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Best Pract Res Clin Rheumatol. 2016 Jun;30(3):445-467. doi: 10.1016/j.berh.2016.08.011.

Management of musculoskeletal pain in a compensable environment: Implementation of helpful and unhelpful Models of Care in supporting recovery and return to work.

Author information

1
School of Physiotherapy and Exercise Science, Curtin University, GPO Box U1987, Perth WA6845, Australia.
2
Rehabilitation Medicine Group, Box 7145 Gardenvale LPO, Brighton, Victoria 3186, Australia. Electronic address: kalfried@bigpond.net.au.
3
Pain Management Research Institute, University of Sydney at Royal North Shore Hospital, St Leonards, NSW 2065, Australia.
4
Concord Clinical School, Faculty of Medicine, University of Sydney, Australia.
5
Pain Management Research Institute, University of Sydney at Royal North Shore Hospital, St Leonards, NSW 2065, Australia; Department of Anaesthesia, University of Sydney at Royal North Shore Hospital, St Leonards, NSW 2065, Australia.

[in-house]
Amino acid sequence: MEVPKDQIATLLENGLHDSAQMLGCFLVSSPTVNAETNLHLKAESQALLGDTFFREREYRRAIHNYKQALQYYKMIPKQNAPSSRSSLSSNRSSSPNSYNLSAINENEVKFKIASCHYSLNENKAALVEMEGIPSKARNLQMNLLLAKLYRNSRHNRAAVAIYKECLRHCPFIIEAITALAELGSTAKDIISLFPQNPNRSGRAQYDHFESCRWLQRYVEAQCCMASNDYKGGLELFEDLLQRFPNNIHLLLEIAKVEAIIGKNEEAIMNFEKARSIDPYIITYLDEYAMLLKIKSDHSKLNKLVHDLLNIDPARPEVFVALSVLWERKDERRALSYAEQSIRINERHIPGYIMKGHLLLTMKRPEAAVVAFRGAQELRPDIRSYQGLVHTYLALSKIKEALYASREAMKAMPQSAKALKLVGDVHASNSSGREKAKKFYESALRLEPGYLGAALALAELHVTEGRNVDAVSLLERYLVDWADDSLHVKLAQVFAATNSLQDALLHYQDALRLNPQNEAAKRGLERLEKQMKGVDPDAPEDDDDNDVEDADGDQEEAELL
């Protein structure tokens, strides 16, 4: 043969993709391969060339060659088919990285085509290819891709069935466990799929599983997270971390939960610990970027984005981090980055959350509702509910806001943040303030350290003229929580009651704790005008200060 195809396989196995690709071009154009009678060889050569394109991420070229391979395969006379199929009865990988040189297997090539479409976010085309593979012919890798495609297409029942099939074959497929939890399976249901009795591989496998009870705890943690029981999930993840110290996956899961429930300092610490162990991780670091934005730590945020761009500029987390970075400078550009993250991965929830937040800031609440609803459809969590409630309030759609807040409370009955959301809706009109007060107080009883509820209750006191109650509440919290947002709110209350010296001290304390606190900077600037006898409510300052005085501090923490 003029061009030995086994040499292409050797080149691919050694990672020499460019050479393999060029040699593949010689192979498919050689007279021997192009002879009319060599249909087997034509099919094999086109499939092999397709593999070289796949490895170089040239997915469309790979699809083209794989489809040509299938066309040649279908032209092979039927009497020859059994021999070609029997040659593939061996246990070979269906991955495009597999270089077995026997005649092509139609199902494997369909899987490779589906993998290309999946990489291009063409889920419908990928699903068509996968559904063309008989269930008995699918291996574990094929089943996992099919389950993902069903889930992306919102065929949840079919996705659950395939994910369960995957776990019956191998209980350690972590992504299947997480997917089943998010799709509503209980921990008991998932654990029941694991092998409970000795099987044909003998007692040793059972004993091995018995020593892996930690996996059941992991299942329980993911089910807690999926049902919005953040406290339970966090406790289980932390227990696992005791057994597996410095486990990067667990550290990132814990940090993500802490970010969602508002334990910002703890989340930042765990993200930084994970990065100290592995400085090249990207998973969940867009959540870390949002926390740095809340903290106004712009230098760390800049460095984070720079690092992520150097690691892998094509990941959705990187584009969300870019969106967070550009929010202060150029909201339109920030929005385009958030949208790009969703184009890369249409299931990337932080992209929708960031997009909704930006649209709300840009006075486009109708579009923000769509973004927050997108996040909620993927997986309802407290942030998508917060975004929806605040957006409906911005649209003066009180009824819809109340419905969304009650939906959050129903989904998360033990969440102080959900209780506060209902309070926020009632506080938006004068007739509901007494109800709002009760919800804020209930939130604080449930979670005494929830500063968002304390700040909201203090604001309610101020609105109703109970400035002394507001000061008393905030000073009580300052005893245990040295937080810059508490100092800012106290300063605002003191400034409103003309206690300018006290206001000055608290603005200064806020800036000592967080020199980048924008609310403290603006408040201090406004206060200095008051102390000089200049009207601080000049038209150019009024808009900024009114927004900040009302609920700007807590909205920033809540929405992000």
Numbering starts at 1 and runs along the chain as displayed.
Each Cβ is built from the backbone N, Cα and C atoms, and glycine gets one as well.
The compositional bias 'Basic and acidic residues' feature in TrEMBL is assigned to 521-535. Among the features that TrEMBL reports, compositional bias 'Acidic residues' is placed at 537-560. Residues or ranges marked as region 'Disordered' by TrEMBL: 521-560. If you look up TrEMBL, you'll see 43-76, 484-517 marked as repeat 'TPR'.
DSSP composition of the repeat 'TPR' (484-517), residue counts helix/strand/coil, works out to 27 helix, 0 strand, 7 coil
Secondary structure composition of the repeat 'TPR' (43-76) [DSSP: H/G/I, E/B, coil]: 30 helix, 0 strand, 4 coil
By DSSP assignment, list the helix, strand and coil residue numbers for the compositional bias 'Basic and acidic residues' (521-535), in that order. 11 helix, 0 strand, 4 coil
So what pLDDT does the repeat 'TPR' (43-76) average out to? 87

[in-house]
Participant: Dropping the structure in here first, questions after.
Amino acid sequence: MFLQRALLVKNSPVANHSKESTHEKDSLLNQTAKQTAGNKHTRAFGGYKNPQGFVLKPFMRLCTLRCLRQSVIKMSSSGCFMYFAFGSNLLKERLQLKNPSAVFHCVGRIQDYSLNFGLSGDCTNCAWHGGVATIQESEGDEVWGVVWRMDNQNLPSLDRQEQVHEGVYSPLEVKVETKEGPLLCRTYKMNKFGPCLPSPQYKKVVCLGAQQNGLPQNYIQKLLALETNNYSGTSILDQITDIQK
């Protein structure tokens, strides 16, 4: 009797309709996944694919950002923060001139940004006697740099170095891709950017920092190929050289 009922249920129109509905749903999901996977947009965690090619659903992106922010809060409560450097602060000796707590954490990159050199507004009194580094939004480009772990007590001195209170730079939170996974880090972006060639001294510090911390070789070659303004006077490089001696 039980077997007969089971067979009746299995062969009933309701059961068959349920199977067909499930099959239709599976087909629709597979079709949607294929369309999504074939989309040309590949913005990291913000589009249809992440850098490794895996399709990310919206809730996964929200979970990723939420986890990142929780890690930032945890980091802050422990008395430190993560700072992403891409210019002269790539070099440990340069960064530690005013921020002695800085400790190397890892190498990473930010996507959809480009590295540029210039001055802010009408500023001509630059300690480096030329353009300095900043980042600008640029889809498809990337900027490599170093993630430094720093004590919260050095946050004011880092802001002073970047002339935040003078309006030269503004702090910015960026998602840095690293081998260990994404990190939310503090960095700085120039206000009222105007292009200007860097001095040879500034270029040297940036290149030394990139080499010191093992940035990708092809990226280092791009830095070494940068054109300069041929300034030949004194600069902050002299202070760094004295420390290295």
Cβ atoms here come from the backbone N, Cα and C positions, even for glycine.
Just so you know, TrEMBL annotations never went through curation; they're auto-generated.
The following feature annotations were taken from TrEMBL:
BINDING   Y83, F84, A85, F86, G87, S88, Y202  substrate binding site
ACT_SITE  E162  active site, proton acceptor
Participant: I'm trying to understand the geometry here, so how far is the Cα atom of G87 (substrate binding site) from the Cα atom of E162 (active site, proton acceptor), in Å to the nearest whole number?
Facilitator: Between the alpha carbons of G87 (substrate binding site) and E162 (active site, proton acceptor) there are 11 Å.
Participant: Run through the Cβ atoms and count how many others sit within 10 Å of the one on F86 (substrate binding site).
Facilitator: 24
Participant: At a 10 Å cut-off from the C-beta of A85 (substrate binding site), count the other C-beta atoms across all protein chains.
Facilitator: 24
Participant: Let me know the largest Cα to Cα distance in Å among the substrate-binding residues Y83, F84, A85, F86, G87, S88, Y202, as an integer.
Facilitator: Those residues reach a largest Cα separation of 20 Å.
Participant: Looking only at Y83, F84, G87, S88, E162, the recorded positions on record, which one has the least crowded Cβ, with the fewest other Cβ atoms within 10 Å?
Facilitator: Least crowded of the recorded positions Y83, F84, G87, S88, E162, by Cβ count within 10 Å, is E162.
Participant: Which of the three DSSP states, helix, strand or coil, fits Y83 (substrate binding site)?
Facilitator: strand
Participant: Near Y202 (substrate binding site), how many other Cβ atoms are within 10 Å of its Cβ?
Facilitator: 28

6
Sansom Institute for Health Research, University of South Australia, GPO Box 2471, Adelaide 5001, Australia.

Abstract

Models of Care (MoCs) for injured workers in the compensation environment recommend adoption of biopsychosocial management approaches. Still, widespread dominance of biomedical constructs at the system, organisational and individual levels of the compensation system prevails, contributing to suboptimal management practices and outcomes for injured workers. Efforts to implement contemporary MoCs in the compensation environment show some promise in improving outcomes. Areas of promise at the organisational level, particularly in the workplace, and at the system level are discussed. Implementation of a contemporary understanding of pain biology as part of the biopsychosocial approach in the management of the person with pain and associated disability has been effective in the non-compensable environment. The implications of this for the compensable environment are explored. Resultant helpful and unhelpful perspectives and behaviours are presented as a blueprint for areas of potential change in development and implementation of MoCs in a compensable environment.

KEYWORDS:

Compensation; Musculoskeletal; Pain; Rehabilitation; Workers

PMID:
27886941
DOI:
10.1016/j.berh.2016.08.011
[Indexed for MEDLINE]

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